LANNIE PHIPPS AND JAN PHIPPS APPELLANTS v. DANIEL FORD SR APPELLEE

Reset A A Font size: Print

Court of Appeals of Kentucky.

LANNIE PHIPPS AND JAN PHIPPS APPELLANTS v. DANIEL FORD, SR. APPELLEE

NO. 2010–CA–002276–MR

Decided: March 09, 2012

BEFORE:  CAPERTON, CLAYTON, AND VANMETER, JUDGES. BRIEFS FOR APPELLANTS:  Rick A. Johnson Paducah, Kentucky BRIEF FOR APPELLEE:  Karl F. Ivey Fulton, Kentucky

NOT TO BE PUBLISHED

OPINIONAFFIRMING

The Appellants, Lannie and Jan Phipps, appeal the November 20, 2010, Final Order of the Fulton Circuit Court, which they assert erroneously established a boundary line between the Phippses and their neighbor, Appellee Daniel Ford, Sr. The Phippses assert that in establishing the boundary line, the court applied incorrect law to erroneous facts and, further, erred in denying their claim for adverse possession and refusing to award a prescriptive easement.   Upon review of the record, the arguments of the parties, and the applicable law, we affirm.

In October of 2009, the Phippses filed a complaint in the Fulton Circuit Court against their next-door neighbor, Ford, alleging trespass upon the Phippses' residential property as well as the intentional infliction of emotional distress.   Ford filed a counterclaim against the Phippses, alleging trespass and intentional infliction of emotional distress.   By agreement of the parties, their respective claims of trespass and intentional infliction of emotional distress were dismissed and the issues of adverse possession, prescriptive easement, and quieting of title were tried before the circuit court without a jury on April 13, 2010.

On June 11, 2010, the court entered an interlocutory judgment, with findings of fact and conclusions of law, wherein the court stated that, “[a]t the present time, a complete judgment cannot be rendered due to the inability of the parties to locate the property line found by the Robert Nichols survey.”   The court concluded its interlocutory judgment by making the following order:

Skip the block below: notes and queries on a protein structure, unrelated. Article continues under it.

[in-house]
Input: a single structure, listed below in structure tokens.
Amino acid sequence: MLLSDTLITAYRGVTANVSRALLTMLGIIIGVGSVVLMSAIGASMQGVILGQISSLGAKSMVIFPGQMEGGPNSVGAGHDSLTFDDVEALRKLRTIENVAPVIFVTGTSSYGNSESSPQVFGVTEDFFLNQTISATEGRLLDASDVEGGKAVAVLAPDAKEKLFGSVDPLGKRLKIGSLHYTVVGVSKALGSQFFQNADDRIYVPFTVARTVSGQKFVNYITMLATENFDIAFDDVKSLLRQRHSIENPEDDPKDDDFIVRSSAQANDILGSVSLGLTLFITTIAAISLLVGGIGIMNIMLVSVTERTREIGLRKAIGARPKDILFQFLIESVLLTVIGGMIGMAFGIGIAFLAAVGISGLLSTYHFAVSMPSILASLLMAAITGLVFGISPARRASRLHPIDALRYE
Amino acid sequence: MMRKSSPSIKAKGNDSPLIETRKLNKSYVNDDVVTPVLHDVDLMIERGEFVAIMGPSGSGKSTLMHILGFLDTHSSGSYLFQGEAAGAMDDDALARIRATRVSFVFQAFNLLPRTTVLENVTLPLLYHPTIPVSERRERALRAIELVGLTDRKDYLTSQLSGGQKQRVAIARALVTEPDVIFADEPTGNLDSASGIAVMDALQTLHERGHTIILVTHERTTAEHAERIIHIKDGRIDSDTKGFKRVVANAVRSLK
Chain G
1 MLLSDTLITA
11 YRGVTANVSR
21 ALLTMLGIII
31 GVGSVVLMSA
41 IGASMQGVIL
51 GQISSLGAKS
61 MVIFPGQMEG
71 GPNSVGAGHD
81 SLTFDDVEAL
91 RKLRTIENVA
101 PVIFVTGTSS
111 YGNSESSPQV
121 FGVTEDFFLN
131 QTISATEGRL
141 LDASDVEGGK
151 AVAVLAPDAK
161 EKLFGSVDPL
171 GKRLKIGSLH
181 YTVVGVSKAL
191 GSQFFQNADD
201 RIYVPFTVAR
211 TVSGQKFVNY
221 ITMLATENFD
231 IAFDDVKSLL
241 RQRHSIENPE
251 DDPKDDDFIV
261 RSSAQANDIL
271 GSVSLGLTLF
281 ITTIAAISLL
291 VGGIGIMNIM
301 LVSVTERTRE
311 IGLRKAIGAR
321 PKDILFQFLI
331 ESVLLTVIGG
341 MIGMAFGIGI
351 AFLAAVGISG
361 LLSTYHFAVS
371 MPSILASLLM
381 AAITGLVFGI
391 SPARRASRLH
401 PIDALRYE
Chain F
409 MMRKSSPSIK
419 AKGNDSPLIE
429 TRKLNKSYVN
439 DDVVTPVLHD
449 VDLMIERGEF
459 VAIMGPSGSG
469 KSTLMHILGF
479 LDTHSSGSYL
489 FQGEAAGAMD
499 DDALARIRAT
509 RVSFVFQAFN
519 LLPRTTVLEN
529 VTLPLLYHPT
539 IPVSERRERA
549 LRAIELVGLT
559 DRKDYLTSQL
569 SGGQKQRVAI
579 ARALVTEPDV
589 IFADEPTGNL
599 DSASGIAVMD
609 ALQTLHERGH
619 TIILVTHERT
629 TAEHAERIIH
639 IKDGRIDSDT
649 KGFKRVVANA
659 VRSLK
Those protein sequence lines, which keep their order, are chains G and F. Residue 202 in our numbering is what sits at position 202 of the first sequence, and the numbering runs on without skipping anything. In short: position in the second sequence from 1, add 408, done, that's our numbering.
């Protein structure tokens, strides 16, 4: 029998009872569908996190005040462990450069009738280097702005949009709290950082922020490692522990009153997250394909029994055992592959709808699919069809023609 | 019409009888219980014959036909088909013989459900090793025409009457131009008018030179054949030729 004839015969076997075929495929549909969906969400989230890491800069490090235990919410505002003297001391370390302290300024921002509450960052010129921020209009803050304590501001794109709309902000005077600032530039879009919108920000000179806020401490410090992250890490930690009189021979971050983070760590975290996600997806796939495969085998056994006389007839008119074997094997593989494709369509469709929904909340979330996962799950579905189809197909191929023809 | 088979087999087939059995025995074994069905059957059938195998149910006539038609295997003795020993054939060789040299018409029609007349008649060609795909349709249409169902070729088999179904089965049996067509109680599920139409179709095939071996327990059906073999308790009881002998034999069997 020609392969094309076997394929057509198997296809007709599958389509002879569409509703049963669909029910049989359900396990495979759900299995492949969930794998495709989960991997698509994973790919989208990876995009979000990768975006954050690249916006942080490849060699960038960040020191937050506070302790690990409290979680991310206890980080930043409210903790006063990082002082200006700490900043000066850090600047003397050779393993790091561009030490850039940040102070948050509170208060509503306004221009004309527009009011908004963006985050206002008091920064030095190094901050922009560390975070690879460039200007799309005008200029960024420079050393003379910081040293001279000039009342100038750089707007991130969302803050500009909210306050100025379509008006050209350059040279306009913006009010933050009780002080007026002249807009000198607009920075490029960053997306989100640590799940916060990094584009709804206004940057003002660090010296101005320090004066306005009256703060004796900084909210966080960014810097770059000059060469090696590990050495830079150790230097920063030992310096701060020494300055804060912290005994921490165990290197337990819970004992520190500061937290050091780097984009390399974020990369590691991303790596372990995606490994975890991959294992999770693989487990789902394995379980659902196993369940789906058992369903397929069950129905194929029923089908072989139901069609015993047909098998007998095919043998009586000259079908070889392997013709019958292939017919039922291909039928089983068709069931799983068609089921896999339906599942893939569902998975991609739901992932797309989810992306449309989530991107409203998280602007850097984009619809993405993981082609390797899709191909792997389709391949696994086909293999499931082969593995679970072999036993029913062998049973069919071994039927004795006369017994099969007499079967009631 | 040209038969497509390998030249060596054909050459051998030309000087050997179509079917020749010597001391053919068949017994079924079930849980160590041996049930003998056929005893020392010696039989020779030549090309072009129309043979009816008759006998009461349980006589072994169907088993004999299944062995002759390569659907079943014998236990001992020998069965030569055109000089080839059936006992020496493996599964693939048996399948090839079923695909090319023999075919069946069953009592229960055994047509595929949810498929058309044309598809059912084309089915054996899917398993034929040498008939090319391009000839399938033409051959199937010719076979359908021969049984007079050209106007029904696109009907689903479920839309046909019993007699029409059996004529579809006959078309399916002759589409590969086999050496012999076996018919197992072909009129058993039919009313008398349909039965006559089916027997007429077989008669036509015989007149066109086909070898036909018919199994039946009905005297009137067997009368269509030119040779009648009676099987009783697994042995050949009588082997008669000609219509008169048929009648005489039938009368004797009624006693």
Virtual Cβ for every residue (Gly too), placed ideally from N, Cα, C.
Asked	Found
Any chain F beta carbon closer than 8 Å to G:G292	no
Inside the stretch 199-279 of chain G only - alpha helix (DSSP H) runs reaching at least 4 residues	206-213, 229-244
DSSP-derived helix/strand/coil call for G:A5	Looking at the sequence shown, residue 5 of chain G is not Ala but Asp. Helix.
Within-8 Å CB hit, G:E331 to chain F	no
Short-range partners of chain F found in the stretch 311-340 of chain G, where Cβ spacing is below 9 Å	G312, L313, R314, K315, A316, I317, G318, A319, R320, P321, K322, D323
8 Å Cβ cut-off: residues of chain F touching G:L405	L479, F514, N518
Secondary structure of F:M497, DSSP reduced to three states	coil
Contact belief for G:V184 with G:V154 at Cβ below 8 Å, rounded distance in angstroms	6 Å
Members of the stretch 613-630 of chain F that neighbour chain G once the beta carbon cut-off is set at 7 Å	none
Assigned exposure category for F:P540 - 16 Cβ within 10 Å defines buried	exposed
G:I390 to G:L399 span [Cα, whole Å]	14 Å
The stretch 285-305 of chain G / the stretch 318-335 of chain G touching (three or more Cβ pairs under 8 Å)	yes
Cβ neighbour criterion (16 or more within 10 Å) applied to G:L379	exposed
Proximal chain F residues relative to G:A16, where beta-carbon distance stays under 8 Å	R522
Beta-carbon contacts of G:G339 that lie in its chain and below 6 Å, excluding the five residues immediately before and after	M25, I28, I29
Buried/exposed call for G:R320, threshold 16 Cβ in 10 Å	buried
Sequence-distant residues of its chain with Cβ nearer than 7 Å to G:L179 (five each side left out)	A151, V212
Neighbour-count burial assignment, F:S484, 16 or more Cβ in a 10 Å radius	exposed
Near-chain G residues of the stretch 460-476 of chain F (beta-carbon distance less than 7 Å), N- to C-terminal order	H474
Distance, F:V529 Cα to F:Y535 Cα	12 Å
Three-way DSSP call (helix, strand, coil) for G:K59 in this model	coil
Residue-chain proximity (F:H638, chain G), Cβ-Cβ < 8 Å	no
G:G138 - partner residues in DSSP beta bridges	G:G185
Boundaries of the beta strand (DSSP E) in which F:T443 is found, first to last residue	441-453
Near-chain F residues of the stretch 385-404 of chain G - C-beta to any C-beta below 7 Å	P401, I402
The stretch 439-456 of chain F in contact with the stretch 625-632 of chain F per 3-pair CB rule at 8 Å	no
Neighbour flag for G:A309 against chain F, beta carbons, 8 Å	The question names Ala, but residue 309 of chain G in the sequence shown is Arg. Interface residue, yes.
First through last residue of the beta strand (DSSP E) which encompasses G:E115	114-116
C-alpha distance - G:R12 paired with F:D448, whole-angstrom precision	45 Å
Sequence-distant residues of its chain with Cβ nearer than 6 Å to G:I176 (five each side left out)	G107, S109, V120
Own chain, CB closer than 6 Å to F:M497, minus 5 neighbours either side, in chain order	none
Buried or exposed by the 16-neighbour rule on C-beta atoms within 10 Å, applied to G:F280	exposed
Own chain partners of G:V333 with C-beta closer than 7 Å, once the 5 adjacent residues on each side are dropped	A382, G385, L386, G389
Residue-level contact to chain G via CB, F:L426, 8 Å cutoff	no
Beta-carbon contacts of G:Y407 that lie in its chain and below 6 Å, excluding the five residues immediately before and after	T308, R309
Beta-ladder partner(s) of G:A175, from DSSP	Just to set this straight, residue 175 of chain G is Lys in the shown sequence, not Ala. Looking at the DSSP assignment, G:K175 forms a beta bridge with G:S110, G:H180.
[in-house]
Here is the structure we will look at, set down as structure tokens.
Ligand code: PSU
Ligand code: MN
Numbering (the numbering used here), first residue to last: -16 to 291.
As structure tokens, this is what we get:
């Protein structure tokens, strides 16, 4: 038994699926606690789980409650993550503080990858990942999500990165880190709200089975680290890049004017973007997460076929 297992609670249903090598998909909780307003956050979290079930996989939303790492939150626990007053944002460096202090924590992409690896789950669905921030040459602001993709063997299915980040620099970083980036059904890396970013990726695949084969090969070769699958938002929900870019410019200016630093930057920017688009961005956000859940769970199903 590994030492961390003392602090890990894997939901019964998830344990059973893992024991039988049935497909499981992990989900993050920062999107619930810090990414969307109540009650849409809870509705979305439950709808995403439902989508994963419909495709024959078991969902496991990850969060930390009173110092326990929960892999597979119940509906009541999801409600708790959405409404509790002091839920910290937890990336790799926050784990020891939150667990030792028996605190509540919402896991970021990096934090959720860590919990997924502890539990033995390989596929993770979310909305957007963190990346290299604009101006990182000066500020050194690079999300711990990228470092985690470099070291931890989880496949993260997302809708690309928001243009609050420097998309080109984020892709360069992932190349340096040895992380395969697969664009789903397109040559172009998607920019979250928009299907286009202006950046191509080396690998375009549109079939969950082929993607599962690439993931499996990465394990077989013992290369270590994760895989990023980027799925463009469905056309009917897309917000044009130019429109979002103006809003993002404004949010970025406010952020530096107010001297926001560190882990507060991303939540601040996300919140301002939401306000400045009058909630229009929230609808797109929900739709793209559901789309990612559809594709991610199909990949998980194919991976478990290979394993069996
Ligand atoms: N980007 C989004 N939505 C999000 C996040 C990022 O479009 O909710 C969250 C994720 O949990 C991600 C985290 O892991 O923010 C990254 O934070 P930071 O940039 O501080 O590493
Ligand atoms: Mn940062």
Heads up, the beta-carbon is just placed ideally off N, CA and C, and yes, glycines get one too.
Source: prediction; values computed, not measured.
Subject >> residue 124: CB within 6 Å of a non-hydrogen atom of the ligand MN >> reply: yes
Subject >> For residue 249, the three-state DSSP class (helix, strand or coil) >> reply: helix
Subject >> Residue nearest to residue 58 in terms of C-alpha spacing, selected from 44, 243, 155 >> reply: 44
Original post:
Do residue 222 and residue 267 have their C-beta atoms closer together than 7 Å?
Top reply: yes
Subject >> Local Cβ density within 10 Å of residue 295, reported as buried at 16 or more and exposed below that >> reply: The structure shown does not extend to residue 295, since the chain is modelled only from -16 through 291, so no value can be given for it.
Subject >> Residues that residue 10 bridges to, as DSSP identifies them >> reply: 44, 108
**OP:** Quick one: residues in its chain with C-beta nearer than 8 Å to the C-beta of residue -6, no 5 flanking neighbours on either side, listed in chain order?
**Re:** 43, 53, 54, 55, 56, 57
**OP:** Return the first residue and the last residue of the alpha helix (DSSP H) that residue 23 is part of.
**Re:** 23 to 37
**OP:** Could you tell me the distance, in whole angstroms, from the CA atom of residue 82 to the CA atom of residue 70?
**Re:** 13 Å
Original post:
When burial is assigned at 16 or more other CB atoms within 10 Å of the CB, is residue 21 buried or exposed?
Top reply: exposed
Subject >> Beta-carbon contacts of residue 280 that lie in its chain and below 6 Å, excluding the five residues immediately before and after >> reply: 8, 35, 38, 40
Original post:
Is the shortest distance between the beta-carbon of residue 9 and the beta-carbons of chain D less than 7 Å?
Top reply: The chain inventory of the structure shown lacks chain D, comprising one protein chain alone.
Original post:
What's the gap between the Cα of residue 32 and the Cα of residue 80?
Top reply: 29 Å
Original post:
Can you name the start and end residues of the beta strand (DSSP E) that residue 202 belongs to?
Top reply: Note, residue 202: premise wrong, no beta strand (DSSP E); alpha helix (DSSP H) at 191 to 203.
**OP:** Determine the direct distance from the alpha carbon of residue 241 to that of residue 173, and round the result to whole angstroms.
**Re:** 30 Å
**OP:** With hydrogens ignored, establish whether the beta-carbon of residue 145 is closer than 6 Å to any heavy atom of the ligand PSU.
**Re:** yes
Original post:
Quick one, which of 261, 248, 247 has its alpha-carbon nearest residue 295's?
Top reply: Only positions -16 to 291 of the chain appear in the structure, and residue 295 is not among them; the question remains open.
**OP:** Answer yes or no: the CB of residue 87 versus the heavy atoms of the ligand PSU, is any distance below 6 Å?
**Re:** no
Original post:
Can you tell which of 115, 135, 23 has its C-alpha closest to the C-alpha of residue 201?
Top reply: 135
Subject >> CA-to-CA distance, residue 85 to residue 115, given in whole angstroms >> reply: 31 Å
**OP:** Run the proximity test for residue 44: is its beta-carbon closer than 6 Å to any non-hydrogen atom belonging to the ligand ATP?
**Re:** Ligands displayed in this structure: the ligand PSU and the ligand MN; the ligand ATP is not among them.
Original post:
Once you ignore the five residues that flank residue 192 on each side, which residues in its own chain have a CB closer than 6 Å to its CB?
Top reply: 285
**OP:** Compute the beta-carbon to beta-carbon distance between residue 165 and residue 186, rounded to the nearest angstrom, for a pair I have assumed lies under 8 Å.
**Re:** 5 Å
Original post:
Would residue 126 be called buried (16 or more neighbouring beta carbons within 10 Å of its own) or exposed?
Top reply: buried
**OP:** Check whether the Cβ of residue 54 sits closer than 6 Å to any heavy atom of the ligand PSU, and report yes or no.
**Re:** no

Plaintiffs shall engage Robert Nichols to come to the property and mark the property as described above, and submit to the Plaintiffs a description of the line which divides the property of the parties.   This court will then prepare an order which includes the exact description of the dividing line of the property of the parties.   To allow for scheduling circumstances, the Nichols survey report required by this order should be completed within sixty (60) days.

Thereafter, on November 3, 2010, the court held the second day of its bench trial of this matter.   At that time, the court heard evidence regarding the correct location of the “Nichols survey line.”

The property line in dispute between the parties includes a wooden fence which lies roughly parallel to the Phippses' hard surface driveway.   In some places, the fence is only inches from the pavement of the driveway, while in other places it was as far away as approximately eighteen inches.   Ford asserts that the fence does not extend to the right-of-way of the public street known as Kentucky Highway 125, or “Union City Highway.”   Ford asserts that, instead, the fence stops near the point where the Phippses' driveway angles or bends to the west, so as to make a perpendicular connection across the right-of-way to the street surface.

The Phippses assert that the key testimony in explaining the misunderstandings concerning the boundary line was that from the Phippses' surveyor, Donald McGrew, during the second day of the bench trial on November 3, 2010.   In its final order, the circuit court summarized that testimony by stating that, “McGrew indicated in detail how he came to his decision that the common property line should not be the Nichols line and that the correct line was farther to the east so as to make Plaintiff's east and west property lines parallel and 74 feet apart.”